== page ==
by Colleen Sutherland
At 9:30 a.m. Aggie stepped outside her diner for a breath of fresh air. The morning cook and the part time waitress had left. Aggie would be alone in the diner for the next two hours if she was lucky. She didn't expect to be, but she could always hope.
She looked up at and down the quiet Main Street watching the occasional walkers, mostly young housewives getting in a stroll while their children were in school. She watched one house in particular, way down where the business district ended, past Mike's Hardware. She looked at her watch then up again as the front door opened and the man of the house emerged. She sighed and went back into the diner to start the coffee, but first she had a phone call to make.
“They're coming,” Aggie said and hung up.
In a few minutes, Frank was at the diner. He hooked his cane over the coat rack and sat down at the horseshoe counter. Oliver and Carson soon followed. Carson didn't sit down until he had turned on the television and helped himself to coffee. Aggie's quiet morning was over. Only one more senior citizen and the Four Old Farts would be assembled for their morning discussion.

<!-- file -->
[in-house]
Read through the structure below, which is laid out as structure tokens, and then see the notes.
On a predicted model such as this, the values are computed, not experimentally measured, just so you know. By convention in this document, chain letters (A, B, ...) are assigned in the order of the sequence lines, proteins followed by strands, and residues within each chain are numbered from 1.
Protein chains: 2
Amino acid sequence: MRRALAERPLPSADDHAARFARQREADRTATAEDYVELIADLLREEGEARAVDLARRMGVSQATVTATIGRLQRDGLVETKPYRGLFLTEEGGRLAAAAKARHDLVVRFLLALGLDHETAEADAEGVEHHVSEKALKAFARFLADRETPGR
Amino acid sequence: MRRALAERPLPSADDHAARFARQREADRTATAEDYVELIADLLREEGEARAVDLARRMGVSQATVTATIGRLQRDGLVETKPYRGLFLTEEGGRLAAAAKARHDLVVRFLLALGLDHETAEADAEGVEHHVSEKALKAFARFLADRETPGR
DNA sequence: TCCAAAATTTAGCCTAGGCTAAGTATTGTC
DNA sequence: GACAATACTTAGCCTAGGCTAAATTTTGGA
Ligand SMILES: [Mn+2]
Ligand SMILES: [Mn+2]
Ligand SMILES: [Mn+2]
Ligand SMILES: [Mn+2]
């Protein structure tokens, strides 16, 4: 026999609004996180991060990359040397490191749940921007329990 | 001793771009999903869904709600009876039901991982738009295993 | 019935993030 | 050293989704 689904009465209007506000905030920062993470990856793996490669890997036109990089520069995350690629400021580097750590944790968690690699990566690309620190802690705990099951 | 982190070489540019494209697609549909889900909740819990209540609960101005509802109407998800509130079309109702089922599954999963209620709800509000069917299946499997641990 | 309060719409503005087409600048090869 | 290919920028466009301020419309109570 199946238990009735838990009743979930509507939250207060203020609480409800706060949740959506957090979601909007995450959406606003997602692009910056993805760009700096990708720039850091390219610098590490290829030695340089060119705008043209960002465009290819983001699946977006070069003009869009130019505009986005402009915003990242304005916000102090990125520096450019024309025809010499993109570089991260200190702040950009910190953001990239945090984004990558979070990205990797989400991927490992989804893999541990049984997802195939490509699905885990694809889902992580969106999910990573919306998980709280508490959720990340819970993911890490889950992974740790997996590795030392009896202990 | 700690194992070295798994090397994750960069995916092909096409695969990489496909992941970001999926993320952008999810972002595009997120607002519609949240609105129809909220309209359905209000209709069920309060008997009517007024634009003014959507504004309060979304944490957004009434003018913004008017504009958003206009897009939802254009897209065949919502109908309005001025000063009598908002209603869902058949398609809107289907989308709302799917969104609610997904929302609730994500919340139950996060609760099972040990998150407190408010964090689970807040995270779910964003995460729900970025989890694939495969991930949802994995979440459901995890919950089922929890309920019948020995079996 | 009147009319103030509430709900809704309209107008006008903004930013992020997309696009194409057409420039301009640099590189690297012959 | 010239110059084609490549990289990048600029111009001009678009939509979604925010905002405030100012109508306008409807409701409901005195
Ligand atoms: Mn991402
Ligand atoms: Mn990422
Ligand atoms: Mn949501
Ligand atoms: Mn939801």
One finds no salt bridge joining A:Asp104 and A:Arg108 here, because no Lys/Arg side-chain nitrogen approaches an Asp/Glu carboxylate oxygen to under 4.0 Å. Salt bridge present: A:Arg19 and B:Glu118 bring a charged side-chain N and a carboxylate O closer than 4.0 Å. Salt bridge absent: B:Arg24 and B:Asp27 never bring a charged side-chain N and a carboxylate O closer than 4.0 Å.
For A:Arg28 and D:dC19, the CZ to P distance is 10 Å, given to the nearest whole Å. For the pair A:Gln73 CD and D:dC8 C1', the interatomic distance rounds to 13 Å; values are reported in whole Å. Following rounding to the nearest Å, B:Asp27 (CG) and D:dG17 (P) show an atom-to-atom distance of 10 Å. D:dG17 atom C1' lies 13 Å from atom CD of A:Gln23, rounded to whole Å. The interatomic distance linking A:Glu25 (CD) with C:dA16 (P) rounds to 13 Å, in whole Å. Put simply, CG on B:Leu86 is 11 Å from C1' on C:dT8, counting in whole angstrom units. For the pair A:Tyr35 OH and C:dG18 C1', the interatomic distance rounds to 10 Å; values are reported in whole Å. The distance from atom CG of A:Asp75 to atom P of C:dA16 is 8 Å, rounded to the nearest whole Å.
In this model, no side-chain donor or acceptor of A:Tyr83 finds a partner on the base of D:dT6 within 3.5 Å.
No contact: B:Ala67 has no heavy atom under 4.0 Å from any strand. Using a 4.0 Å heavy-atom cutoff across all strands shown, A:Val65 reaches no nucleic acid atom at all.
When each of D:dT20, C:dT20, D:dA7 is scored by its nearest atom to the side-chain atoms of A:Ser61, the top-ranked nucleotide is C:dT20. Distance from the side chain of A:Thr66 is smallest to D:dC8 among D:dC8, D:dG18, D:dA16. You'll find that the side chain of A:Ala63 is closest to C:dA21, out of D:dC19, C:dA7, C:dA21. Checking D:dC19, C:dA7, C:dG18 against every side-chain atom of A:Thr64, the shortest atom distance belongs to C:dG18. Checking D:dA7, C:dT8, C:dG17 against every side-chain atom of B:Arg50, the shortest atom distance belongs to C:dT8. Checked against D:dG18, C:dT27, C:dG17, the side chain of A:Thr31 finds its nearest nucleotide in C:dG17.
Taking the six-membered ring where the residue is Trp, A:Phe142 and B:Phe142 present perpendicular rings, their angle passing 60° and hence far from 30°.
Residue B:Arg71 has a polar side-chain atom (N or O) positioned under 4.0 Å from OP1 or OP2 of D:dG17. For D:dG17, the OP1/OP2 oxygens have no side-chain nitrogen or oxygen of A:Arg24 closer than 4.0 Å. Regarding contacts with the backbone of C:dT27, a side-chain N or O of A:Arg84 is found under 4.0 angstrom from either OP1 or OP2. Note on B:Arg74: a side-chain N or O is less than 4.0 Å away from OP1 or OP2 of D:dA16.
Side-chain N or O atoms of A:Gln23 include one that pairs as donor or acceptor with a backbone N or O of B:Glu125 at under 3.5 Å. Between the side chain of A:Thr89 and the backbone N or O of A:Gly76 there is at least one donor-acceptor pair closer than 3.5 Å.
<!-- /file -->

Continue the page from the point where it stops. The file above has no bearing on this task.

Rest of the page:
On the television set a has-been actor was selling second rate life insurance “for only pennies a day”. Aggie knew that Oliver and Frank already had their policies. Carson was still thinking about it but he was the cheapskate of the bunch. He figured his kids could afford the funeral. He was counting out his seventy five cents for the coffee. “When are you going to lower your price, Aggie?” He said the same thing every day. “It's Obama's fault, these high prices.”
Aggie pursed her lips. For the next two hours, all she could hope to take in was $3.00 for the coffee and that included all their refills. Everyone in town knew about The Old Farts. There would be no more customers while they were there unless some unwary tourist came in. There would be no tip.